John Coxon is the 2011 Trans-Atlantic Fan Fund winner because he was the only fan still standing when the parliamentary dust cleared.
TAFF candidate Liam Proven received the most votes, more than twice as many as the next leading candidate, but failed to win because he was disqualified by TAFF’s 20% rule.
The rule requires a candidate to receive 20% of the first-place votes cast on each side of the Atlantic (excluding No Preference.) This year, that meant a minimum of 27 European and 10 North American votes. Proven received only 9 votes from North America.
After Proven the next leading vote-getter was Graham Charnock – but he was also knocked in the head by the rule. In his case, he lacked sufficient European votes.
Paul Treadway failed to poll the minimum on both sides of the Pond.
Only John Coxon – with exactly 27 European votes – survived application of the 20% rule.
It’s breathtaking to realize that despite attracting the largest field of nominees in years, TAFF would have sent no one to Renovation if Coxon had received one less vote in Europe.
How genius is that?
Unless you have a beard as gray as mine you may not remember why the rule even exists – it is rooted in the controversy about Martha Beck’s TAFF candidacy back in the 1980s. The initial idea was that it would be, one might say, a courtesy to prevent the selection of a TAFF delegate who was not wanted by some minimum of fans in the receiving country.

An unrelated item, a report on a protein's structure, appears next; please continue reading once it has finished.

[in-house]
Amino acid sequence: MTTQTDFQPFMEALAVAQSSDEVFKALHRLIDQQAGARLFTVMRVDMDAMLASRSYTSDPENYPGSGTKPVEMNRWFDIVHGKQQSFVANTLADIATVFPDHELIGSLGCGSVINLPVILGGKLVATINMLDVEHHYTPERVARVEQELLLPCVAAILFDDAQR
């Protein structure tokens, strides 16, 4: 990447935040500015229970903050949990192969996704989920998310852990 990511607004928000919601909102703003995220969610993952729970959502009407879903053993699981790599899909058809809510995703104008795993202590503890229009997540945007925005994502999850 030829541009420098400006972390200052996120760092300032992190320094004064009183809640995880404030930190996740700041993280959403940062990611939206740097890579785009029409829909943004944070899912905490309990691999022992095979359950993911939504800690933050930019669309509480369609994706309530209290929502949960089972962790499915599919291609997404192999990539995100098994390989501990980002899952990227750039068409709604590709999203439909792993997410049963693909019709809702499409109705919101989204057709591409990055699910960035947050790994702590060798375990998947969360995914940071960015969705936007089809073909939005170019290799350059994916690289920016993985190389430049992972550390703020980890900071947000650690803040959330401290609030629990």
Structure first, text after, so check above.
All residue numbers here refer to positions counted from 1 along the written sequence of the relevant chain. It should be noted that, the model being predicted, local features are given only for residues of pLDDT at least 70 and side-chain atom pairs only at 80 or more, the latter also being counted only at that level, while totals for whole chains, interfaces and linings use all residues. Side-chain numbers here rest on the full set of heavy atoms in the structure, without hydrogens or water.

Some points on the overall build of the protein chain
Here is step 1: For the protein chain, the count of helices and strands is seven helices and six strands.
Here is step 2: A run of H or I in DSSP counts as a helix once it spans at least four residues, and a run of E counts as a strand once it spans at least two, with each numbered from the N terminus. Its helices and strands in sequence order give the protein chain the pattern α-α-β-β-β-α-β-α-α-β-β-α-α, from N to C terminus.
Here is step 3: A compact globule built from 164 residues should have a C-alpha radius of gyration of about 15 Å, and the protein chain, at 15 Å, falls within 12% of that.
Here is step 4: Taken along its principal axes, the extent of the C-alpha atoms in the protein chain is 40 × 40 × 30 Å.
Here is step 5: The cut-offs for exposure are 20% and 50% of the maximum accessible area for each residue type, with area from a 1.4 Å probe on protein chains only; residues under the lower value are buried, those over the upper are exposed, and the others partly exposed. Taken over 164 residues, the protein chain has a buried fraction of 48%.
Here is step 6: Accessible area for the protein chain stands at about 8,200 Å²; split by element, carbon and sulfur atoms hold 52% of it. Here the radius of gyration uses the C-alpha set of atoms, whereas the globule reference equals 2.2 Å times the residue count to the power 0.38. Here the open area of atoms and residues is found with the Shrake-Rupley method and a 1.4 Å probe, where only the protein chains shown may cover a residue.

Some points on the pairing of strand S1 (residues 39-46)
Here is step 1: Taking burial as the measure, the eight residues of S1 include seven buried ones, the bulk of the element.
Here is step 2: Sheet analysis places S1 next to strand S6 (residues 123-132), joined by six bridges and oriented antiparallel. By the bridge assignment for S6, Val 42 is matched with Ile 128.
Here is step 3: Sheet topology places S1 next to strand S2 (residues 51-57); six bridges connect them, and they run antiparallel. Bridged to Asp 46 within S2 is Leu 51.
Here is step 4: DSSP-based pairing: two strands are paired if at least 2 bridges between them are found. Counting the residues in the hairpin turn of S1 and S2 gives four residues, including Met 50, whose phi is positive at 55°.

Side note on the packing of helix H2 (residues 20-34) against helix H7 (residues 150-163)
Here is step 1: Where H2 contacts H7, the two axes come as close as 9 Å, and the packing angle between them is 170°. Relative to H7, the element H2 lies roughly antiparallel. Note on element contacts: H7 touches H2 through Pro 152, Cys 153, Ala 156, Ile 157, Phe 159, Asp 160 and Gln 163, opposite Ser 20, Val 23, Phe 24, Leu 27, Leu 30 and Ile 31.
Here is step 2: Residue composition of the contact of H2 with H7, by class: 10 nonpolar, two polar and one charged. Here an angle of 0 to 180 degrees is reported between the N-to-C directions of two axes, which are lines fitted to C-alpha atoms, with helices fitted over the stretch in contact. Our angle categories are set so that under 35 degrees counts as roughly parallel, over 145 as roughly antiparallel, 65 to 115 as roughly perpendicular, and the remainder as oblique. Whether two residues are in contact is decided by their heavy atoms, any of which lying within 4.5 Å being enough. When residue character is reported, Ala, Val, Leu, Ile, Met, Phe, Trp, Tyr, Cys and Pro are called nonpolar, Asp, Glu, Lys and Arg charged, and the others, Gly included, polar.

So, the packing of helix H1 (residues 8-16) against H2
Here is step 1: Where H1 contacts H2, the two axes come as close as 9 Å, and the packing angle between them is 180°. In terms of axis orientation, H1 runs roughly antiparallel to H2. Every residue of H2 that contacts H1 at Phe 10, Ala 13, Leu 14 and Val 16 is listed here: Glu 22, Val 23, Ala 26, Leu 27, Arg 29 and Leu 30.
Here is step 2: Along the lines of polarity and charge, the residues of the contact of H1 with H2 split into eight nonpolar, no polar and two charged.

As explained in Patrick and Teresa Nielsen Hayden’s Taffluvia #2:
Alleviating host-country fears, no one will be able to win TAFF without making at least some effort to get some host-country support. Alleviating other possible fears, correspondingly, no one will be able to win TAFF on a campaign pitched exclusively to the host country, either
The sending-country requirement was somebody’s rider on the original rule, one that must have seemed too unimportant to object to because at the time they were able to say, “[If] TAFF had had it as a rule since day one, it wouldn’t have affected the outcome of a single election.”
Well, now it has. Fandom has finally stepped on that mine. I realize that the rule was ratified by the vast majority of living TAFF delegates at the time — it was a considered decision. But the sending-country side of the rule was not the core idea and ill-serves present day fandom where TAFF candidates are often hard to drum up.
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[Via Ansible Links.]